- Make sure that you are getting condoms that are the proper size. Using a condom that is not the correct size, either too big or too small, can lead to broken condoms or the condom falling off.
- When you open a condom, do not use your teeth to do so. Use your fingers to push the condom to one side then open it. This way you do not tear any of the latex.
- When putting on a condom, you want to make sure that you do not put it on inside out. It should look like a sombrero. Pinch the tip (1/2 inch to 1 inch) of the condom and then roll all the way down the penis. There should be no air bubbles If you do not pinch the tip and you put it directly on the penis, when the male cums, it has nowhere to go so the condom breaks.
- Never ever use more than one condom at a time.
- Use the proper types of lubrication. Water or silicone based only. Do not use baby oil, lotion, conditioner, vaseline.
- If you look at the condom and you think there may be something wrong with it do not use it. When in doubt, throw it out.
- Before you open a condom, when you squish it between 2 fingers you should feel an air bubble. If that air bubble is not present, the condom has been compromised.
All about birth control
Birth control is the practice of preventing unwanted pregnancies, typically by use of contraception. Birth control is not meant to be used so that someone can go out and have as much unprotected sex as they want. While birth control does protect against pregnancy, you have to understand that it does not protect against HIV/AIDS or other STDs.
The Birth Control Implant
- This form of birth control is inserted under the skin of the upper arm. It is the size of a matchstick, thin, and flexible. This type of birth control releases progestin. Progestin is a hormone that regulates puberty, pregnancy, and menstruation. This implant will prevent pregnancy for three years.
- Implanon and Nexplanon are the two available birth control implants.
- The birth control implant does not protect against HIV and STDs.
Birth Control Pills
- Birth control pills an oral medication that are taken by a woman daily to prevent pregnancy. These pills contain estrogen and progestin that are hormones produced in a woman’s body. These hormones regulate puberty, pregnancy, and menstruation.
- These pill stop the ovaries from releasing any eggs and also make the cervical mucus thicker, so that it is more difficult for sperm to enter the cervix.
- Birth control pills do not protect against HIV and STDs
- The Nuvaring is a combined hormonal contraceptive vaginal ring that releases a low dose of progestin and estrogen over three weeks every month.
- It work primarily by preventing ovulation and it also makes the cervical mucus thicker to stop the sperm from penetrating into the cervix and possibly fertilizing an egg.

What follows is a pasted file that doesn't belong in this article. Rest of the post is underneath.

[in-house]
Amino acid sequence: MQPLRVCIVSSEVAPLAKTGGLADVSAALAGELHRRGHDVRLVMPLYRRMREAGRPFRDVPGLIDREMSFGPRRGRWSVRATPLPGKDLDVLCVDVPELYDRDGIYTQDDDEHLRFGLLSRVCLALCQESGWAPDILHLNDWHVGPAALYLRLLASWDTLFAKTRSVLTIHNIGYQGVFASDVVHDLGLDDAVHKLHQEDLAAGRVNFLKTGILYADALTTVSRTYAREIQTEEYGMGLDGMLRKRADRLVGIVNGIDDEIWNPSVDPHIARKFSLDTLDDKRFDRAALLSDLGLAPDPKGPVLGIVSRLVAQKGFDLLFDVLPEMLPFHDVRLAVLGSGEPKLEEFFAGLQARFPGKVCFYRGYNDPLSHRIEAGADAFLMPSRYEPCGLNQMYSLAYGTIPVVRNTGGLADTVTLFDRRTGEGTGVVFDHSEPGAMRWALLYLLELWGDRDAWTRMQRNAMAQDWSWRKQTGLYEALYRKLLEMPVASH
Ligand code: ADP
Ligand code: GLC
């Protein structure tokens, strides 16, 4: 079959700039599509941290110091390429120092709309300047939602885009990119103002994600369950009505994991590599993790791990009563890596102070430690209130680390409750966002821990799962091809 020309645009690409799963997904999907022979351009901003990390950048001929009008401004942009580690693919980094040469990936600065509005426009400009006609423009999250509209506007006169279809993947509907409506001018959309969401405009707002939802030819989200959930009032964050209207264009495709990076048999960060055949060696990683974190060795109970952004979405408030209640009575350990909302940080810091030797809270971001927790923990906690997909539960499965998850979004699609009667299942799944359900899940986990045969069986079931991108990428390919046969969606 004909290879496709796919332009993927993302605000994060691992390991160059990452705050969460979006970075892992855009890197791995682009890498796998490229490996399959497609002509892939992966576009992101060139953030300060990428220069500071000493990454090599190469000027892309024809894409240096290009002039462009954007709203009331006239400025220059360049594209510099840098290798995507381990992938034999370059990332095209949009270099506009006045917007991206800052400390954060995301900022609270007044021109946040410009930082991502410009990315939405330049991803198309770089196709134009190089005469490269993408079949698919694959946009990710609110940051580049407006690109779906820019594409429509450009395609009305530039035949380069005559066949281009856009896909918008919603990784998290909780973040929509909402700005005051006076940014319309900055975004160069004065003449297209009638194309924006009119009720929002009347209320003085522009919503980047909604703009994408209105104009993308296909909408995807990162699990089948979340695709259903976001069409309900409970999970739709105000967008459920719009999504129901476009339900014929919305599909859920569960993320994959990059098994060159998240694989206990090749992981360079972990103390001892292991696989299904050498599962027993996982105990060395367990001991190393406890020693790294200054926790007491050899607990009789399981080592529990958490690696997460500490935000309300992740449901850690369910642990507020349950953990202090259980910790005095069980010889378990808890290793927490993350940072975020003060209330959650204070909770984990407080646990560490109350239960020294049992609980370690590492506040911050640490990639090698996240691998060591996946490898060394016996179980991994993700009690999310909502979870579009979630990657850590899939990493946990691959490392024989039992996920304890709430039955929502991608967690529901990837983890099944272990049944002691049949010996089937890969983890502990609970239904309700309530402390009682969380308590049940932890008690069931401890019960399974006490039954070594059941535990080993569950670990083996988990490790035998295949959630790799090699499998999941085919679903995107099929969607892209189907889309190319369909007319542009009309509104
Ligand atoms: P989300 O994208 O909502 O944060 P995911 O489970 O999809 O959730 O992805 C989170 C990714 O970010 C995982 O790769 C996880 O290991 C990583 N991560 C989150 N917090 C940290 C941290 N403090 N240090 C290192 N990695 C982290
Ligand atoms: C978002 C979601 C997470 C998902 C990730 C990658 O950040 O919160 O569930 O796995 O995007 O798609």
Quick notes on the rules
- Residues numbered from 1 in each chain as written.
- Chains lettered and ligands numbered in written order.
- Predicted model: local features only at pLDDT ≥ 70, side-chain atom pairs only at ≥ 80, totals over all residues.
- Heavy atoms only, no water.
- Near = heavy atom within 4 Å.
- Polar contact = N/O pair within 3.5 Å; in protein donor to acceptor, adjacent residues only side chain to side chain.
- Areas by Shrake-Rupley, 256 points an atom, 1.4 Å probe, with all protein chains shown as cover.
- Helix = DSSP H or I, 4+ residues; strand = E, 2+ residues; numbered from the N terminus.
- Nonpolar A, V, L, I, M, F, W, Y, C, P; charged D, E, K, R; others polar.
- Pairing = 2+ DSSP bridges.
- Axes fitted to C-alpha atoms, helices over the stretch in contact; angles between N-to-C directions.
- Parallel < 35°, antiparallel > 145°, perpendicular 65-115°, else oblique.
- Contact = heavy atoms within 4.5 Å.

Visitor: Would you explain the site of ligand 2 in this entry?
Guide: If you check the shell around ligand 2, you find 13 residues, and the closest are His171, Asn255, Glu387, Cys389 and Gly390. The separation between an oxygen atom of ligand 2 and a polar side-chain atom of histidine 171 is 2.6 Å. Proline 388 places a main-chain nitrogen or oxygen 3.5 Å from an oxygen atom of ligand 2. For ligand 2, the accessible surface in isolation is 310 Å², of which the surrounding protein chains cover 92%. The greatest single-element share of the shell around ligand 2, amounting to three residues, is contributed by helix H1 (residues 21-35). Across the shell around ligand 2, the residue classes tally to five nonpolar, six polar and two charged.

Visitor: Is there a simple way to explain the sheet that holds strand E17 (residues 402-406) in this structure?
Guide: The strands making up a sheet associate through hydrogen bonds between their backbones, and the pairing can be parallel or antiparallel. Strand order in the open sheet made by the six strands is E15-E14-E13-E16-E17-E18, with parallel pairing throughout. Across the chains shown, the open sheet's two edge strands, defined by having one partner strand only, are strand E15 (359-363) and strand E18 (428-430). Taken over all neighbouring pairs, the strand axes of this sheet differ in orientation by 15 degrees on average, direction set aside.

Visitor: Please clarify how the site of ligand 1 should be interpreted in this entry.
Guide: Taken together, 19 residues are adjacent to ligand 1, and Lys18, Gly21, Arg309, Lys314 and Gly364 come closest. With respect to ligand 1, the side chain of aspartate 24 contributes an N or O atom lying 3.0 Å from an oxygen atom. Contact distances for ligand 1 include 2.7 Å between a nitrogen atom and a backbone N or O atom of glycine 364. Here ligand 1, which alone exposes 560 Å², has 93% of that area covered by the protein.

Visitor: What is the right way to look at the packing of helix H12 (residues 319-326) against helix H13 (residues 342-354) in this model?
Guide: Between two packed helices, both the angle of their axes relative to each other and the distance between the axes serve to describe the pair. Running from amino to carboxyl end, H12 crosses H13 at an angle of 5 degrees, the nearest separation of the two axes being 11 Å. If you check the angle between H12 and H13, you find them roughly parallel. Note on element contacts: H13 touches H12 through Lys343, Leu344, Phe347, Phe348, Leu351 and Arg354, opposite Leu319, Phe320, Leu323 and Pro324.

- The ring is taken out for one week and during this “off week” period, a woman will get her normal period. After the week is over the woman will put in a new ring.
- If used correctly the Nuvaring should prevent against pregnancy.
- The Nuvaring does not protect against HIV and STDs
Intrauterine Device (IUD)
- An IUD is a T-shaped, small, and flexible contraceptive. It is inserted through the cervix into the uterus. This method of contraception prevent fertilization and kills sperm.
- There are currently two types of IUDs available, one is the copper ParaGuard and the other is the progesterone containing IUD, Mirena.
- ParaGuard can prevent pregnancy for 12 years and it is reversible and can be removed by a medical provider, when a person is ready to conceive.
- The Mirena IUD, releases small amounts of progestin and can prevent pregnancy for up to 5 years. Mirena is reversible and can be removed by a medical provider, when a person is ready to conceive.
- IUDs seem to be more effective for women who have previously given birth. There is a lower change that the IUD will be expelled by the uterus if a women has previously given birth. However, this does not mean that you cannot get an IUD if you have given birth before. Consult a physician if you have any questions.
- IUDs do not protect against HIV and STDs.
Testing is necessary
If you’re sexually active, getting tested for STDs is one of the most important things you can do to protect yourself. An overwhelming majority of people who contract an STD do not show any signs or symptoms, and HIV can take up to 8 to 12 years for any symptoms to develop. That’s an awfully long time to be in the dark about your status, and in the process you could infect others.
If you are currently sexually active you should get tested at least once a year. There are many organizations that provide free testing to minors and some provide free testing to everyone. For more information about testing sites please visit our testing page.